Recently all eyes were on Finance Minister Tito Mboweni, as he delivered the Medium Term Budget Statement affirming what South Africans could expect for the remainder of 2020—as well as the coming year in terms of the country’s financial standing and economy?
In what can only be described as a surprising admission, it has been recognised that the recent tax increases have failed to generate the revenue numbers initially projected. In fact, it seems evidence illustrates that the country’s higher than average tax rates have obstructed economic growth.
Darren Britz, head of legal at Tax Consulting SA, explains this admission stands in stark contrast to media reports, which quotes government advisors’ ongoing calls for the imposition of wealth taxes, as well as a temporary solidarity tax to meet the increasing revenue shortfall which the Government desperately needs to fill.
Britz says, “The Minister of Finance alluded to the fact that we need our economy to grow before we can increase taxes and with only a marginal year-on-year increase in tax on the cards, National Treasury has instead passed the buck to the Commissioner, who faces an unprecedented challenge in achieving its ambitious tax collection targets.”
Now facing immense pressure, primarily as the Commissioner has previously acknowledged it is not yet at 100% operational effectiveness, Britz stresses taxpayers should be wary in becoming indifferent about their tax obligations.
He elaborates, “Businesses should especially note SARS’ increased focus on VAT and Pay-As-You-Earn collections. In this regard, many of SARS’ most effective debt enforcement officials have been reallocated to these tax types, a necessary measure to address the more recent rise in tax non-compliance by corporates.”
Moreover, taxpayers who deliberately understate or fail to declare their income tax, it is essential to highlight that SARS continues to make use of third-party data to identify and raise tax assessments to recover these tax amounts.
When it comes to tax evasion cases, Britz emphasises that SARS will punish such defiant taxpayers by imposing penalties to the tune of 200% of the tax not declared. This will include interest which runs until the tax debt is paid in full.
Additionally, Britz mentions it is important to remember the potential jail sentence of up to five years.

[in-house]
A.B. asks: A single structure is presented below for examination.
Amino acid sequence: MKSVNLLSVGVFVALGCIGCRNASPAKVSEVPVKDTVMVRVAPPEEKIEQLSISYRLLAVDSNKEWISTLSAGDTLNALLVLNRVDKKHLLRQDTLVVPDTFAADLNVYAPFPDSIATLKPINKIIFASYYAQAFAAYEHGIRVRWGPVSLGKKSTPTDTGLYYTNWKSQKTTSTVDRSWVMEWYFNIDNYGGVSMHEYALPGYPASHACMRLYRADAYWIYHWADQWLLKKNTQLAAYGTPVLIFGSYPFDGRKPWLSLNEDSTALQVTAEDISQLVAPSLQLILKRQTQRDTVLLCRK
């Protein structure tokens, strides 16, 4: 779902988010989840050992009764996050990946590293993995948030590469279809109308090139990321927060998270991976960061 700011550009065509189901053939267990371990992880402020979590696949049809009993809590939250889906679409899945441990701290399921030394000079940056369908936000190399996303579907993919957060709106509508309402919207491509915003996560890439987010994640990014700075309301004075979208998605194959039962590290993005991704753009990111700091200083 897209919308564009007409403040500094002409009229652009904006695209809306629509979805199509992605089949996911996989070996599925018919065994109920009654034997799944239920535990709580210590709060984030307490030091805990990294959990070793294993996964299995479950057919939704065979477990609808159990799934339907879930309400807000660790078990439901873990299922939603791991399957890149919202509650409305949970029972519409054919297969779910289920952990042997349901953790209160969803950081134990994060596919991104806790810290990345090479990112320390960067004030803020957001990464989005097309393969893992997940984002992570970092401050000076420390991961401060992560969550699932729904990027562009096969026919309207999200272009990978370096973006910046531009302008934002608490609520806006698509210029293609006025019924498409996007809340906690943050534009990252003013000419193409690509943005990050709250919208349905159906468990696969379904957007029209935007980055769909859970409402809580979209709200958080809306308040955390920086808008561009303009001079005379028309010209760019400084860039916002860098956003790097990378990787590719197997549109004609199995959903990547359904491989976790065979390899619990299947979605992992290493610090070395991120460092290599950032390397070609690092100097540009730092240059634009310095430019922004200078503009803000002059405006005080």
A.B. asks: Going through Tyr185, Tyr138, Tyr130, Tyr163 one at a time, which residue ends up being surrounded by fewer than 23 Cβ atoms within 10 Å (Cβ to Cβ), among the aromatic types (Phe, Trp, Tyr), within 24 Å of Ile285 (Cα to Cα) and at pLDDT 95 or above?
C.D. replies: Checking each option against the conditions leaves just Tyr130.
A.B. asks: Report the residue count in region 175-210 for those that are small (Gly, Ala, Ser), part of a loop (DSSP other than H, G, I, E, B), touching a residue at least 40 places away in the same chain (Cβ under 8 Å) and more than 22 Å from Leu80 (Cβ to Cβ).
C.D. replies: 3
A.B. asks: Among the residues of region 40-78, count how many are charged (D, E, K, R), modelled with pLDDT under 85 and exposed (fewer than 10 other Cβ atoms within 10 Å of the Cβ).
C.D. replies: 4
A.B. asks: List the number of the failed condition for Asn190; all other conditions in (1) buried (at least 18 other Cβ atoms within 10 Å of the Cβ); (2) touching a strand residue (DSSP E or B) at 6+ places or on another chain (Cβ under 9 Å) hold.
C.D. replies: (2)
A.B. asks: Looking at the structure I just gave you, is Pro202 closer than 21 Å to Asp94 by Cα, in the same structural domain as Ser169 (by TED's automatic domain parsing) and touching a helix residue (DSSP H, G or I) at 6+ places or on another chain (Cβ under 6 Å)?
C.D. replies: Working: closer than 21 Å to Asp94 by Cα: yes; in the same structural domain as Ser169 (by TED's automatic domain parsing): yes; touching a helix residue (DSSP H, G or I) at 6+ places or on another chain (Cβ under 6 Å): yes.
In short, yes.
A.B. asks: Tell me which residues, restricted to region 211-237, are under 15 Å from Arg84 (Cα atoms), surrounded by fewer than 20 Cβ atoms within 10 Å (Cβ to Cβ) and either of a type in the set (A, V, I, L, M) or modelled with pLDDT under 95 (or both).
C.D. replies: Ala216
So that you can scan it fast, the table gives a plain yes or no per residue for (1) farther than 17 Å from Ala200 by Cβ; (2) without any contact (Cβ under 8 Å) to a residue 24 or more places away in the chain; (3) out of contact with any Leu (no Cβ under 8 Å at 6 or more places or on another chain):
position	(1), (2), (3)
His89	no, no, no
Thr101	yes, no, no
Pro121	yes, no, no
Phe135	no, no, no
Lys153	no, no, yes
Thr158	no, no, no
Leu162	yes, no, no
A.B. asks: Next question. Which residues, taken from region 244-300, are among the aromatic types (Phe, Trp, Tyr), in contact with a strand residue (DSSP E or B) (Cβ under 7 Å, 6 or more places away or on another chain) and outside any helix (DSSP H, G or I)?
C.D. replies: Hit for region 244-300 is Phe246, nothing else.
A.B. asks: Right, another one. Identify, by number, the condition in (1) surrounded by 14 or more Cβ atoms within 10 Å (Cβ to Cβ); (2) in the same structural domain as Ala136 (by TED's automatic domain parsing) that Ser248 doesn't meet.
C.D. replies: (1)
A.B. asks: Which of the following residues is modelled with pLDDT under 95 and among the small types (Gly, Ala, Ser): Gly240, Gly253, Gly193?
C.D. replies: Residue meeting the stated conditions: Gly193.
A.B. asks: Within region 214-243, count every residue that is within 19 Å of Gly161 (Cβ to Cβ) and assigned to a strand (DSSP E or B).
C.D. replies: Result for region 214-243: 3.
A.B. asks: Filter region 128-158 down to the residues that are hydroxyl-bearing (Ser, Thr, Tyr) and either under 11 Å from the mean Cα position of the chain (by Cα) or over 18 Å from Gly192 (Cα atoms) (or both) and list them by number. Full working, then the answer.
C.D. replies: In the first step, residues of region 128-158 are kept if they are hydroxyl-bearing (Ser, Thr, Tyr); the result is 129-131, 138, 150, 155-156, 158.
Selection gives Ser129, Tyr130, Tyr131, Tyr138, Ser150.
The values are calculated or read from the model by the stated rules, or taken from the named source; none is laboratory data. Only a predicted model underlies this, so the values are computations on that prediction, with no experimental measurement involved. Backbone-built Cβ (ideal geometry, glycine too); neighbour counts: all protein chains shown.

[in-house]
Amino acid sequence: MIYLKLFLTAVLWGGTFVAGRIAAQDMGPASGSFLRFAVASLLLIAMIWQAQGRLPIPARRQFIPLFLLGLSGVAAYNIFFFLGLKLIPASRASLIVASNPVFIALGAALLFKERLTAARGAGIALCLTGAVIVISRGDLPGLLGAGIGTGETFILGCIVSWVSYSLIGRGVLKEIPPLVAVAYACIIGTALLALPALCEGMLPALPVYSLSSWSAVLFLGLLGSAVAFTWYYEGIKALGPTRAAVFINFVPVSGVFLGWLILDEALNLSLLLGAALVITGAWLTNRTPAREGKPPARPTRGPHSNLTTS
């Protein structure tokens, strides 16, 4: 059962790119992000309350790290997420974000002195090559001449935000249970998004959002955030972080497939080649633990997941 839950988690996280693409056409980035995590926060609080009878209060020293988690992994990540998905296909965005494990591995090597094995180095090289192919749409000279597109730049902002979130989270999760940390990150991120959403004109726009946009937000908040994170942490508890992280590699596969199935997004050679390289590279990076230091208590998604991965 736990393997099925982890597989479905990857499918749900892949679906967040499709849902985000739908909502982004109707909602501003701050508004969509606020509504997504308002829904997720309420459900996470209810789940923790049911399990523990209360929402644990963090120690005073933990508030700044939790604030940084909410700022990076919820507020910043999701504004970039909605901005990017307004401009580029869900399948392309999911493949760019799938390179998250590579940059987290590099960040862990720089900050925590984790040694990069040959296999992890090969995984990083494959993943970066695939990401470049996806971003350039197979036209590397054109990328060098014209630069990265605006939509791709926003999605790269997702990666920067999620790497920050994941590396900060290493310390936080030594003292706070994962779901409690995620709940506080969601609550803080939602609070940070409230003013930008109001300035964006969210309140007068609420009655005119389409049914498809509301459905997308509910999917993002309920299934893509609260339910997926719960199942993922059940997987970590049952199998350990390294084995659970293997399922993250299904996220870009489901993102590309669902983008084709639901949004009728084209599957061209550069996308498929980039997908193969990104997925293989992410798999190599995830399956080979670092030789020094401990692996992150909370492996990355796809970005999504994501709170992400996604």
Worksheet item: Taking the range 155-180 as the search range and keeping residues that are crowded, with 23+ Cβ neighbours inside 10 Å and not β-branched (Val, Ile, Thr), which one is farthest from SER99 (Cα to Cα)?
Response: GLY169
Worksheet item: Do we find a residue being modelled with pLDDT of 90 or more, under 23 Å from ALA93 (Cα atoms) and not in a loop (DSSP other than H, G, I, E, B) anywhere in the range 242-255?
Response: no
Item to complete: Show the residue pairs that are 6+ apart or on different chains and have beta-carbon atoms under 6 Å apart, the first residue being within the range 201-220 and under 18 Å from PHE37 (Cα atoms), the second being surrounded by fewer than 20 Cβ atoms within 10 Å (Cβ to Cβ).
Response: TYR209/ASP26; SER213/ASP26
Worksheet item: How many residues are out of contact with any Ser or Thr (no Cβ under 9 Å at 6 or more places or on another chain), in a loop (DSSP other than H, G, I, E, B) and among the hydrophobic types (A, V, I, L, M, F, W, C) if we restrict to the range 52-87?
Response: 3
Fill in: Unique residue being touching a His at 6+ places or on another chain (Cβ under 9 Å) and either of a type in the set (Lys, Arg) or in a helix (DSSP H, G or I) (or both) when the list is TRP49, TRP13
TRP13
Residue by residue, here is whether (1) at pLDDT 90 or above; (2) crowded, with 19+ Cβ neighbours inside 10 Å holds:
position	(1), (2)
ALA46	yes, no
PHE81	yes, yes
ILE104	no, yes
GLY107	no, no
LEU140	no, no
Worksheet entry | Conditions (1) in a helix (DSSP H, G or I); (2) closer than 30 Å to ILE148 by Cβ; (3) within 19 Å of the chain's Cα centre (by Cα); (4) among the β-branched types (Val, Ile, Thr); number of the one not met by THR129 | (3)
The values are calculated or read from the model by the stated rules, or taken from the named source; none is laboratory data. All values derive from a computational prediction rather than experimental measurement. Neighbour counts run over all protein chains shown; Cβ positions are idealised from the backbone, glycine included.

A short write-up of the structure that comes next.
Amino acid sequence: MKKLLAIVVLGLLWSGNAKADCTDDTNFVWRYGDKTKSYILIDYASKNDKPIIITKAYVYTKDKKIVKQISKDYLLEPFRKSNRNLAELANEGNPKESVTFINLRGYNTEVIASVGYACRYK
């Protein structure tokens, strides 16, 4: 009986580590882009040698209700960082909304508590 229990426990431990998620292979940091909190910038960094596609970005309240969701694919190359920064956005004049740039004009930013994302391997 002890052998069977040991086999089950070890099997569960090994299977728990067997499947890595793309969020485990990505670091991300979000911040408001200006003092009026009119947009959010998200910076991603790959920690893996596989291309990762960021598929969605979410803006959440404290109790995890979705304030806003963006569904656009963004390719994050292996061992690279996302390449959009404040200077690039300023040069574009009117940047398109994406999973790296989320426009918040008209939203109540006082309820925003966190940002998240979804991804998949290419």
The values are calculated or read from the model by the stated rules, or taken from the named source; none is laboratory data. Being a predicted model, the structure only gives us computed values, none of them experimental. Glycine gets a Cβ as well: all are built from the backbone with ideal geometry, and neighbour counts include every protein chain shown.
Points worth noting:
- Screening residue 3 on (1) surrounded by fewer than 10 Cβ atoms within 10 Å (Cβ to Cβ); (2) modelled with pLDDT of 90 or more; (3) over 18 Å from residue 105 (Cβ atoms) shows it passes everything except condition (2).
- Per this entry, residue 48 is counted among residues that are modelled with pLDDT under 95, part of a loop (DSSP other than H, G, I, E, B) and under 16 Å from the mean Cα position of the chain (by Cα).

With taxpayers to face harsher penalties if they fail to comply, Britz claims it is paramount not to forget that the collection process by SARS is well-oiled and moves at a blistering pace. Going on to state, “Taxpayers may receive only a single clue, this being the formal letter of demand, usually delivered to the taxpayer by eFiling or email, which notifies the taxpayer of their obligation to satisfy the tax debt within 10 days or face collection steps.”
Following the issuance of the letter of demand, and provided it was done in a legally and procedurally correct manner, SARS is authorised to operate behind the scenes and without notice to taxpayers. During this process, they typically proceed straight to the Registrar of the nearest High Court.
The Registrar can then process a judgment against the taxpayer for failure to pay the tax debt. Britz explains further, “A more effective alternative is to make a third-party appointment where SARS will instruct your bank to sweep your bank account in satisfaction of the tax debt.”
Several unsuspecting business owners have gone through the trauma of having accumulated just enough money to pay staff salaries, only to receive a notice from the Bank that SARS has fully withdrawn the funds, Britz warns.
In addition to third party appointments, taxpayers may find their assets being attached and sold under a warrant of execution to cover the amount of tax owed. In the current situation of the country, no one wants to lose any of their assets.
As the debates regarding the constitutionality of these powers continue, one must remember, regardless of opinion—they exist and have been confirmed by our courts.
Looking at the upcoming year, Britz says the next move by SARS is to increase tax collection, a move backed by both National Treasury and the National Prosecution Authority is a renewed focus on the criminal prosecution of non-compliant taxpayers.
Ultimately, with National Treasury’s hands being tied, the collection of revenue is at the forefront of the Government’s priority list, and the Commissioner can find comfort in the support offered here.
Britz motivates, “Taxpayers already aware of their tax defaults are encouraged to have the full extent of their tax non-compliance assessed and to thereafter approach SARS voluntarily to correct this, with a seasoned tax attorney by their side. The alternative is playing a risky game of chance with odds favouring the Commissioner.”
With SARS looking at coming down harshly on taxpayers, what are your thoughts? Do you feel the Government is justified in taking these steps? Share your views with us in the comment section below.
Author: Quinton Boucher
Edited: Calvin Swemmer